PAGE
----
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Home  »  Breaking the Burial Monopoly

Thursday, February 11, 1999

Three weeks from now in Be’er Sheva, the country’s first civil cemetery will be inaugurated. For the daughter of the first two people to be interred there, the moment will be bittersweet.

By Ruth Sinai

Yaakov Ravervi died in November 1996 at the age of 85. Ten days later his wife, Hanna, also died, at the age of 93. In separate wills, they donated their bodies to science. Both also instructed that they be given secular burials. “My father specifically told me ‘just make sure the Hevra Kadisha (religious burial society) doesn’t touch me,'” recalls their daughter, Ziva Goodman.

Once Goodman started looking into the options for secular burial, she found that it is possible only in kibbutzim, where a plot costs about NIS 14,000. Her parents had donated their bodies to Tel Aviv University in perpetuity – that is, until the research on them is completed (it is also possible to donate a body for one year only) – and therefore Goodman knew she had enough time to search for alternative burial.

However, in July 1998, time ran out. She received notice from the university that the research had ended. She had a choice – either ask the university to bury her parents or do it herself. That is how she came to Menucha Nechona (“Just Repose”), an organization whose goal is to promote civil burial in Israel.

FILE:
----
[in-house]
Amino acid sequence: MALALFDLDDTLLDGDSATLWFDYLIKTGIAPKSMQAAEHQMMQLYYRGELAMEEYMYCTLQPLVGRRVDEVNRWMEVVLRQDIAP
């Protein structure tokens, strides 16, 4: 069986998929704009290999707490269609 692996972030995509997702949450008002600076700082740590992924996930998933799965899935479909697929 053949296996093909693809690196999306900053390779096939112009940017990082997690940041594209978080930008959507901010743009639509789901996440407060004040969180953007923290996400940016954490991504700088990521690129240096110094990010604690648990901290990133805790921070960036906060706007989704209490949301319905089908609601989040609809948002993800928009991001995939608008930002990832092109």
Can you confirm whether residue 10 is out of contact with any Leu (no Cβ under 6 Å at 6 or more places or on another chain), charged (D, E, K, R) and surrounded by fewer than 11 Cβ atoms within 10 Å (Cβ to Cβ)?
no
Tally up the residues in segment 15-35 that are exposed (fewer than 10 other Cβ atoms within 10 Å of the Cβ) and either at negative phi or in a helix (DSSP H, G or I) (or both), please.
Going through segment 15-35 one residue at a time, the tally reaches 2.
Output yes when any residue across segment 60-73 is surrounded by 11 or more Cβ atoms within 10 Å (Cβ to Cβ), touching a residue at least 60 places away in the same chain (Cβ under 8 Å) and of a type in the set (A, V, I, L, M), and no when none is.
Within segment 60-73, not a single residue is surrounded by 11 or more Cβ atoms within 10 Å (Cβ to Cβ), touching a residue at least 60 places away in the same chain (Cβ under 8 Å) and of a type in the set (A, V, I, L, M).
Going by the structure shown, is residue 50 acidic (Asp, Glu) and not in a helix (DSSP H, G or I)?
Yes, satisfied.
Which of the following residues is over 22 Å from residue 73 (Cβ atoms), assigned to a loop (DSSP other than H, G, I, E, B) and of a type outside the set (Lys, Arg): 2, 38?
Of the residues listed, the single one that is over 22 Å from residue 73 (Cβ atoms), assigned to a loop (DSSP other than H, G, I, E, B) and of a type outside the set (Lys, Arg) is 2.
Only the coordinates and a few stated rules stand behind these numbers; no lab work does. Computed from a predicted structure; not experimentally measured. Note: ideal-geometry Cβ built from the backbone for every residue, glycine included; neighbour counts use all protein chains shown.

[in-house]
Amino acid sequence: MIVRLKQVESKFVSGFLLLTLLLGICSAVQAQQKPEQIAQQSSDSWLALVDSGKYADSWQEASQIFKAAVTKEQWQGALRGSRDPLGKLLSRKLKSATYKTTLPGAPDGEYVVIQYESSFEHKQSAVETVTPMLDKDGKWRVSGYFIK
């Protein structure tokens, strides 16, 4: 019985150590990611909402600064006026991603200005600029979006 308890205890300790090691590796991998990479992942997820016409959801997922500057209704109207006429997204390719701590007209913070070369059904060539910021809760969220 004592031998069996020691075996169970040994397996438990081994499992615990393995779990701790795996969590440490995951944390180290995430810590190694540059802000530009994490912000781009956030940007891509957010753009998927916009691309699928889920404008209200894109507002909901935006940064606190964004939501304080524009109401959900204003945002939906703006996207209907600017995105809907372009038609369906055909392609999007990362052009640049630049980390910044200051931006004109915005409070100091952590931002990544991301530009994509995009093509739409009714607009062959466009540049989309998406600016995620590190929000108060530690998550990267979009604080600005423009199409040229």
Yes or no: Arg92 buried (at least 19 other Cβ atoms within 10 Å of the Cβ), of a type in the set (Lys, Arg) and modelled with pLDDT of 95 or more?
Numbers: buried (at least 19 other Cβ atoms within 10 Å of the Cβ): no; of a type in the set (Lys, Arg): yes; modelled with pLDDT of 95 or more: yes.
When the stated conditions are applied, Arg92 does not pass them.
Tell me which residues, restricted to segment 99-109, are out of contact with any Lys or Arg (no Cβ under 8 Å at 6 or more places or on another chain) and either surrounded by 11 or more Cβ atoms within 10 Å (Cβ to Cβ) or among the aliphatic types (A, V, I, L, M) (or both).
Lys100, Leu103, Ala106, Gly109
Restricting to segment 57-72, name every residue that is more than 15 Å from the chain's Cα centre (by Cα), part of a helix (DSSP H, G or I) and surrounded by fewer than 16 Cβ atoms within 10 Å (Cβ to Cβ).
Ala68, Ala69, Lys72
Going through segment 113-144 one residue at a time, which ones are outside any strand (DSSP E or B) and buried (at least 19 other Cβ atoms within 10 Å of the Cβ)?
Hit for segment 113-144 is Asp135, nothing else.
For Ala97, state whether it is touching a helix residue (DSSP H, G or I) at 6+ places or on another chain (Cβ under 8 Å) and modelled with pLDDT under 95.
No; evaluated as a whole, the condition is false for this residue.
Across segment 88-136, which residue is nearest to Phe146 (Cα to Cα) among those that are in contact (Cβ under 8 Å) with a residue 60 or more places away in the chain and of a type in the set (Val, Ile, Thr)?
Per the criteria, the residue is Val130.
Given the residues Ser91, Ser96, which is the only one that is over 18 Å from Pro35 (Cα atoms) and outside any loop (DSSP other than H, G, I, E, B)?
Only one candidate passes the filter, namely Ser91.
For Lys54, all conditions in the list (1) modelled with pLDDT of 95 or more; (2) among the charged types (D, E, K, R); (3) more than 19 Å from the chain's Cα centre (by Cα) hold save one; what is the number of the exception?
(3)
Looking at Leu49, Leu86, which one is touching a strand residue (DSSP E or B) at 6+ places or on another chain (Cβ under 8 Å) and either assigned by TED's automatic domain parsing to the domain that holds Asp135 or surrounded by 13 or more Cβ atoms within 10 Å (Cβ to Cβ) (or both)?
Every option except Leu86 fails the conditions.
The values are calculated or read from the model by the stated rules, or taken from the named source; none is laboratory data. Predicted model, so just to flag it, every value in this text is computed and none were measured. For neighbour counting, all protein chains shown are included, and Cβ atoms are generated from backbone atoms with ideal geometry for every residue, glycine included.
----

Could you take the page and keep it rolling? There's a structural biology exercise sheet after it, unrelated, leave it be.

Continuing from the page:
The timing was relatively good. In March 1996, a few months before her parents died, the Civil Cemetery law was passed. However, implementation has been stuck since then because of opposition from the Religious Affairs Ministry and some burial societies. The only project that seemed close to fruition was the civil cemetery in Be’er Sheva. Goodman decided to wait. The university wanted to return the bodies, but Goodman requested an extension. After several requests, the university agreed.

It was worthwhile for Goodman to wait. Three weeks from today, her parents will be buried, inaugurating the first civil cemetery opened in Israel under the new law. A modest opening ceremony is planned for the same day, March 4.